However, one antidotal point that I have not heard in discussion of time aligned texts is specifications for Audio Dominant Text vs. Text Dominant Audio. This may not initially seem very important, so let me explain what I mean. Continue reading →
When I was in México, working with a team doing language documentation we visited a community workshop where the community organizer was promoting the language through a dictionary creation effort. I was interesting to see the various bi-lingual teachers come together and discuss a proposed entry and the definition.
Meꞌphaa group working on dictionary
There were several interesting aspects of the social interaction: there was the political unity in the perception that they were all there for the good of their language, there was the social unity because they were mostly there because they were in state jobs as teachers or school administrators. But perhaps more socially significant was the perception that the workshop leader had skills in organizing a dictionary. (Nothing wrong with this perception and it is probably an accurate perception.) Yet, it was not the only perception which was at play in the social interactions. There was also the cultural age based and social ranking based way of coming to a consensus about what did a particular Meꞌphaa (or any given) word mean. It is kind of this unspoken tension between the eldest in the group who would culturally have the authority or provide a stamp of approval, the workshop "dictionary expert", and the average participant who has to decide if they agree or disagree with whom and if they are going to show it. Continue reading →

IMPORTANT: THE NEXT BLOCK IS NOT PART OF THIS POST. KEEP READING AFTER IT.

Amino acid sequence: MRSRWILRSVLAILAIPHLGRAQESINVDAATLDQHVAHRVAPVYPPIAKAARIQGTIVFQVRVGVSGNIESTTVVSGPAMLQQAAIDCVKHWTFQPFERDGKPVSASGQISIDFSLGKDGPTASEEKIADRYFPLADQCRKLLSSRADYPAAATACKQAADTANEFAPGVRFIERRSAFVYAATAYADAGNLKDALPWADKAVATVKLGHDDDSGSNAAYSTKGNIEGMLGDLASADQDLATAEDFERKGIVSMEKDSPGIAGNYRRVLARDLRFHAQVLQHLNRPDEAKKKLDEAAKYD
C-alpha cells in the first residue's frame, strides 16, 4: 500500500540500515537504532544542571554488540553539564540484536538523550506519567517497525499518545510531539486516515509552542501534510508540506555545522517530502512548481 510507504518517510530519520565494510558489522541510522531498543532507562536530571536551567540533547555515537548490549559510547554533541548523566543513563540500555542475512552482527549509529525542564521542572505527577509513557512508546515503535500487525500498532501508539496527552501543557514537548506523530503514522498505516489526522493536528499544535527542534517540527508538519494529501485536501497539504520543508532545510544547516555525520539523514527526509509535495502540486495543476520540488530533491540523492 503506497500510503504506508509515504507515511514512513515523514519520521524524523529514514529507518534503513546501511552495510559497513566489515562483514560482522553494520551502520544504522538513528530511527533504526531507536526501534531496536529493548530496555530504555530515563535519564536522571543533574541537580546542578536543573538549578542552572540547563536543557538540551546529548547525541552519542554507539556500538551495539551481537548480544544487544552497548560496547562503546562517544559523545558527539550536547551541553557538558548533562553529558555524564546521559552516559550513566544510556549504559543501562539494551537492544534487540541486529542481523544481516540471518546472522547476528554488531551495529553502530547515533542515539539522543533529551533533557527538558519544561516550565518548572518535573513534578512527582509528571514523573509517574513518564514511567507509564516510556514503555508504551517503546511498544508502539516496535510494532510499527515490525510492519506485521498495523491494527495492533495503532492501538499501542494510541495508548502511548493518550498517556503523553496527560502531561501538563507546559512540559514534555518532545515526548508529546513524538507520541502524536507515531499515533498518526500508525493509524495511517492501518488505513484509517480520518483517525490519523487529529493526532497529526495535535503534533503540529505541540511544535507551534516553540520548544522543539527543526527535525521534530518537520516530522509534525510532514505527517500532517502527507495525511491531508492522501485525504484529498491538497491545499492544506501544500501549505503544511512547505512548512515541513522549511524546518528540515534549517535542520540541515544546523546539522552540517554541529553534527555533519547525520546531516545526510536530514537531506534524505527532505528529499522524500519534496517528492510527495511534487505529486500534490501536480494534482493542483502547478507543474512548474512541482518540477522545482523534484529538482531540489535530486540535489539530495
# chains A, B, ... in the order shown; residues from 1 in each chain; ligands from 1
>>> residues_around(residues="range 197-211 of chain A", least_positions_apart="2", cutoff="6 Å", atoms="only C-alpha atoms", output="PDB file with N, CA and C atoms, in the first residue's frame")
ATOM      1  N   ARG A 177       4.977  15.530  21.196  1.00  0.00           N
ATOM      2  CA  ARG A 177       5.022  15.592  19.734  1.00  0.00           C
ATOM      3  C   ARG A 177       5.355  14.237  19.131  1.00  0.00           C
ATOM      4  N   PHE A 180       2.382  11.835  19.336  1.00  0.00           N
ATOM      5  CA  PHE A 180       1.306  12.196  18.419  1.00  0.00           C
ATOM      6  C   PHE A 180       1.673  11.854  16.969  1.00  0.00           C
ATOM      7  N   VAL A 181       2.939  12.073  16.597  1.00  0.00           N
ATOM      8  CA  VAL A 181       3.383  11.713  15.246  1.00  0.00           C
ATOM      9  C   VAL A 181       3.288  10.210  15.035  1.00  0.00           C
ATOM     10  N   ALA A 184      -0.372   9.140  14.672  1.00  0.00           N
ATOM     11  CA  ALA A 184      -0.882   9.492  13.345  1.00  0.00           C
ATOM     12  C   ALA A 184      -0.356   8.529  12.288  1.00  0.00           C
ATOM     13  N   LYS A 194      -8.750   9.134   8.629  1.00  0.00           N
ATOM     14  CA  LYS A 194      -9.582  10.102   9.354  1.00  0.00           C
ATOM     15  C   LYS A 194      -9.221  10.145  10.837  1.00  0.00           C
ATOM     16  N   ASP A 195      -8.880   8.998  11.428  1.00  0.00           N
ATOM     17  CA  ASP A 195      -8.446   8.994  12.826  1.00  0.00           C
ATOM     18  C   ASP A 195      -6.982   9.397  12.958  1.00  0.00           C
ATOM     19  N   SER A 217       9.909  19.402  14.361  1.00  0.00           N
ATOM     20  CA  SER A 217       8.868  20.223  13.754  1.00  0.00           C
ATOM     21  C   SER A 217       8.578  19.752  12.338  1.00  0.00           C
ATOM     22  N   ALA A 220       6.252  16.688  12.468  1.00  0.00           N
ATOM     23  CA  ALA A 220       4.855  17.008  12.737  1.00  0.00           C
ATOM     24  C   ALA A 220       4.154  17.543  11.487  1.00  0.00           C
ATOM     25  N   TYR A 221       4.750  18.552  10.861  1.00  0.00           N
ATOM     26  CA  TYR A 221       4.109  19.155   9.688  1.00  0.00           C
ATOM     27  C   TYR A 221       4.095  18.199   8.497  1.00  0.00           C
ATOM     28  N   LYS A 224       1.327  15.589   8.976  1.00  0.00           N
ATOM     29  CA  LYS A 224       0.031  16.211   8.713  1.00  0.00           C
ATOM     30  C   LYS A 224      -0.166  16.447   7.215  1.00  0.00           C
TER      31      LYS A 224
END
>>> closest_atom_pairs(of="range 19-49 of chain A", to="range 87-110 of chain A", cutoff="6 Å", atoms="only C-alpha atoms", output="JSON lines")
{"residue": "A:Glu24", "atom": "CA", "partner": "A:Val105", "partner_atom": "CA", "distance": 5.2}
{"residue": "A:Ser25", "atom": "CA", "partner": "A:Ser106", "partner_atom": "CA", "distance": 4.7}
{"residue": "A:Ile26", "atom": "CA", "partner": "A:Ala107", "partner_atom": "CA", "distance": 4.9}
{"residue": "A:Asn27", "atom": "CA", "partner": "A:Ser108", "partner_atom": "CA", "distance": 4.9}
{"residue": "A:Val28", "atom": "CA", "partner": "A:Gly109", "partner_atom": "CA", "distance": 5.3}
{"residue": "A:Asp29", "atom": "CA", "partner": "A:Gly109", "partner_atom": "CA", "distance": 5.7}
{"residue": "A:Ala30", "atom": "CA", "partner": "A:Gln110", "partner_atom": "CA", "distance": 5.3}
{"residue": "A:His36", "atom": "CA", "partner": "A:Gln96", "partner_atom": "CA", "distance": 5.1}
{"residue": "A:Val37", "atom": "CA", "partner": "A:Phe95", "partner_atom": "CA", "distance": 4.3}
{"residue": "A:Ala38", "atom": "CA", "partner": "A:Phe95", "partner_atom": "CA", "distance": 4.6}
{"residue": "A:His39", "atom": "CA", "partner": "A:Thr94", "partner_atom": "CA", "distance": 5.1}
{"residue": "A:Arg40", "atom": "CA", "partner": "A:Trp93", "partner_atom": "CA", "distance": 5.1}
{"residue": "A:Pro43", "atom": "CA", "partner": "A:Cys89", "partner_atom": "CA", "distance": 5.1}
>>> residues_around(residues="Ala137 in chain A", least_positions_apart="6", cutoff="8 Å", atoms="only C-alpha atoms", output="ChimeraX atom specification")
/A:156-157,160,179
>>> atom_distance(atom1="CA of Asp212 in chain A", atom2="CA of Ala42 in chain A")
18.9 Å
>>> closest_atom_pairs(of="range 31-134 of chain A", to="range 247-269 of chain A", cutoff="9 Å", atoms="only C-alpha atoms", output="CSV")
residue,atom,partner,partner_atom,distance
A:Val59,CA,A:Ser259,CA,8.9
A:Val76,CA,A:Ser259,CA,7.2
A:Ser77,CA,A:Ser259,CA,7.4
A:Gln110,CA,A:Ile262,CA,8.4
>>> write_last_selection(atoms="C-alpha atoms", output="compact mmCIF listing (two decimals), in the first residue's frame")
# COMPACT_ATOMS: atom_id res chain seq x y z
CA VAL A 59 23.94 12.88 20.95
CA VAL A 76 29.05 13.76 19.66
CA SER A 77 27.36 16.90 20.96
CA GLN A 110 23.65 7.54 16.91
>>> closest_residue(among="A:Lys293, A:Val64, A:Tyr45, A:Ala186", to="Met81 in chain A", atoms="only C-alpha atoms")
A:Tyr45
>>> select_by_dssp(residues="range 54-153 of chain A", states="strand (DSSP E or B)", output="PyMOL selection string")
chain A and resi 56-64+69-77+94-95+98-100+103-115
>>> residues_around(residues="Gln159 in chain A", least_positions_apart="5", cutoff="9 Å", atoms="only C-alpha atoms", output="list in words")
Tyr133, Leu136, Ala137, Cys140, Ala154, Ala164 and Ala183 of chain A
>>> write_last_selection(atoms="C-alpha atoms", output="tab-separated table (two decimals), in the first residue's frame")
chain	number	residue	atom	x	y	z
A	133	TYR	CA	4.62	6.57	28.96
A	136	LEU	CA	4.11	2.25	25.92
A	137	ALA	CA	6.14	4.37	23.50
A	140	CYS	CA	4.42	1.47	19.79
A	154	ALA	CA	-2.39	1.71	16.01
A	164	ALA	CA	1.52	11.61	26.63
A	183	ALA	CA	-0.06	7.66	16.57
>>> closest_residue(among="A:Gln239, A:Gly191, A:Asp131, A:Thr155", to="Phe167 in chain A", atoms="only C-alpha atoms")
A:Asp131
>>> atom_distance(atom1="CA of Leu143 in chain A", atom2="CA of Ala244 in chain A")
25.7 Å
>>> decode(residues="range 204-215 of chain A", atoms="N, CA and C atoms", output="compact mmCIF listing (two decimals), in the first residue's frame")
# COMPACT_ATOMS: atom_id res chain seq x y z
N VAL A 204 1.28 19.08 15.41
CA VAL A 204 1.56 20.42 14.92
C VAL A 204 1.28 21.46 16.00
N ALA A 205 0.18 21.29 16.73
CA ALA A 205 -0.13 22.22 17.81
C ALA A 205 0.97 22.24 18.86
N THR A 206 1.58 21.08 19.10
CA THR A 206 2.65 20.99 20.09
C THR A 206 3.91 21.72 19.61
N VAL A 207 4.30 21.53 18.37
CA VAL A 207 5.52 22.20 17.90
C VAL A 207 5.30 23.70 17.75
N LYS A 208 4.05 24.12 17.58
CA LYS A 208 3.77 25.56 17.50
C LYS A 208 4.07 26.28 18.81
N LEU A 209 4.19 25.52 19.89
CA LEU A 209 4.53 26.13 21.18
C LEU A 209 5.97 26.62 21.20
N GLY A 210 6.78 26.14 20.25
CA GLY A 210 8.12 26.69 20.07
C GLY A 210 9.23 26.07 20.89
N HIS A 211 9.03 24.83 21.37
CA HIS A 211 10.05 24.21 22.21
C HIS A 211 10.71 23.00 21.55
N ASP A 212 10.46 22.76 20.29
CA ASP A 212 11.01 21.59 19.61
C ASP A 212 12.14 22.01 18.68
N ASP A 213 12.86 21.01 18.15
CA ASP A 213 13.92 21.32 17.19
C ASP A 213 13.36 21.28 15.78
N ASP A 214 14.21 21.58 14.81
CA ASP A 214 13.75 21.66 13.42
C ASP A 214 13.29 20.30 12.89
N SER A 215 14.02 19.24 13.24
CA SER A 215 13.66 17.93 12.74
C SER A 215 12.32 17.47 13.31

This interesting conversation took place on Facebook:
I wonder how it happened that in American English we say “…have to go to THE hospital”, but in British English they say, “…have to go to hospital”. – Trevor Lee Deck
When I say, “go to school”, it’s so general and it’s what everyone else is doing. But if I need to see my History teacher specifically I would say, “I’ll stop by the school to see him.” …but I can also choose to say, “I’ll stop by school to see him.”
Trevor Lee Deck Maybe British English speakers use hospital/the hospital the same way.
Lucy Baber: If we were writing it, it’s as if we would be saying, “I need go to go School” or “I’m going to Church”, like that’s the proper name of it. But then if we are stopping by the building for an informal purpose, it feels more like we are stopping by just the building and not the institution of it. Does that make sense? So in the case of the hospital, maybe we would say “I’m going to Hospital” if we were being admitted or having a procedure done, but I’m going to “the hospital” if we were visiting someone else or just picking up some results??
Elsen E. Portugal Yes, I always find that curious. . . . find us an answer, will you?
Trevor Lee Deck I like it, Lucy. But why do the British think of it differently than we Americans do? Because I don’t think an American English speaker would ever say “…to Hospital”.
Elsen E. Portugal Hmmmm, I’m wondering if perhaps the idea in the British mind is of an adjective with an understood noun, like: he is in hospital (care), in which case the article would be inappropriate. Plus, I think the establishment of ‘hospitals’ is younger than the colonization of the US. This divide probably split the meanings also, unlike school and church that have been terms used for much longer.